One of my ambitions for this year in Rome was to bring together my passion for and my practice of graphic notation, diagrammatic cartography, and photography. As an information designer, my work has always been based on subjects that would be meaningful to their audience; my job is to give that content voice and accessibility.
Walking along the Passeggiata with my family during the fall, the rhythmic repetition of the faces of those long dead began to capture my imagination. That the busts were not of uniformly high quality—and many deteriorating badly—just added to my interest. The cadence of their names became music in my head as I would walk along; the abused, painted-in typography and the occasional rogue font added visual excitement and even mystery. Row upon row, aligned along the curves of the Passeggiata, they spoke eloquently to me, a documetarist for more than 35 years.
The project at the moment has three organizing principles: the heads; the typography of the names; and, imagining them alive as I do, what they see as disembodied living heads attached to their bases. So far I have completed an array of heads, an array of views, and a type array for the 50 busts north of the monument to Guiseppe Garibaldi. All the material for the south section has been photographed but neither enhanced nor configured. I have a plot plan for the entire project and found it particularly interesting to superimpose the plan on G.B. Nolli’s 1748 map of Rome, when the area was meadows and gardens.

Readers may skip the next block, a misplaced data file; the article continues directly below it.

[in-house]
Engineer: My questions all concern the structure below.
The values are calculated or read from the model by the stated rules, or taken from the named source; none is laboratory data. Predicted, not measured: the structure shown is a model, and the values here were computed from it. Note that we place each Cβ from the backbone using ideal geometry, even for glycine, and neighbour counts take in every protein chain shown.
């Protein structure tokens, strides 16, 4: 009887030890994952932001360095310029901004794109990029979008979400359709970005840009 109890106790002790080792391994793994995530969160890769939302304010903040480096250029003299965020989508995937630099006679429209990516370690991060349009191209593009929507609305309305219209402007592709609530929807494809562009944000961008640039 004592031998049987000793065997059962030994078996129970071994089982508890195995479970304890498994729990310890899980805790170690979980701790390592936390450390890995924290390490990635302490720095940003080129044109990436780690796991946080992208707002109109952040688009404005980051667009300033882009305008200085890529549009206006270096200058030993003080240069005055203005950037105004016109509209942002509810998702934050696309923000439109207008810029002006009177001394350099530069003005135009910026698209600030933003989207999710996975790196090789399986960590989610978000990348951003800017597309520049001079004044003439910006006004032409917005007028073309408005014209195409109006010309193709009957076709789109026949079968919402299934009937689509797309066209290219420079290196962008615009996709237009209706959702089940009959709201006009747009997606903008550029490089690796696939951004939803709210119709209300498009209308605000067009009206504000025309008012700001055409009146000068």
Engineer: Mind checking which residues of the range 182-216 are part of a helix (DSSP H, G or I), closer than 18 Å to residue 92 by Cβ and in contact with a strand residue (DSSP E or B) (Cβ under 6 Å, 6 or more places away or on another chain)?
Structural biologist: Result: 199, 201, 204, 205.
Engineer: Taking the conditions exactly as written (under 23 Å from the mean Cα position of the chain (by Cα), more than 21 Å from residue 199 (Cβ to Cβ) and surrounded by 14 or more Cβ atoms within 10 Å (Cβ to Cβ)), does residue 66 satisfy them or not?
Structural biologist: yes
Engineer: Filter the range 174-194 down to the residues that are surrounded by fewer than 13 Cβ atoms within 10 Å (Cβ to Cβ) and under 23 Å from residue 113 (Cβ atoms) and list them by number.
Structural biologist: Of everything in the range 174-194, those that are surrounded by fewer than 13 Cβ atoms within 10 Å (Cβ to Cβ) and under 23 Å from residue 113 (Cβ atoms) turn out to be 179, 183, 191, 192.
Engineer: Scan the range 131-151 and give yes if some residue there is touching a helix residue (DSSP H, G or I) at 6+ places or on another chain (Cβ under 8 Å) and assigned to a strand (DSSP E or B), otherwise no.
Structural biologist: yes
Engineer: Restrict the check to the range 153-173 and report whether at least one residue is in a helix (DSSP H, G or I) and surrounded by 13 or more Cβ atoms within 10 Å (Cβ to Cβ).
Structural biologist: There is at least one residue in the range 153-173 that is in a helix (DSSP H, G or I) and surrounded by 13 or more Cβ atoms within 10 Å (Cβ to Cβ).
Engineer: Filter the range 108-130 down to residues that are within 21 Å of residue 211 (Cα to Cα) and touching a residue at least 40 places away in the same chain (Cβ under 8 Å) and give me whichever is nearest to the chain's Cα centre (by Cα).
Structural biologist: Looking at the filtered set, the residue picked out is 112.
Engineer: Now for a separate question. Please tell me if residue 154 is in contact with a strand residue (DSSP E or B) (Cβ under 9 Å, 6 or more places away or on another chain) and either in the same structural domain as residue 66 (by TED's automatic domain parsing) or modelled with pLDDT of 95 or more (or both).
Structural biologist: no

All of these arrays are, up to a point, in geographic position, allowing for the constraints of page proportion and the need for internal consistency. So, in these compositions, which are really very large maps, interesting problems arise and are dealt with: in the views array, de Bosis needs to be pulled in two-thirds of the way to fit him on the sheet; in other views, the some pages are rotated slightly from north to fit (which is indicated in the small plot plan on each sheet); the heads are in only relative position, each group placed as closely as possible in a vertical format; and the type is most geographically accurate but the size of each name tends to reflect the congestion of its location relative to its neighbors rather than any objective or historical importance.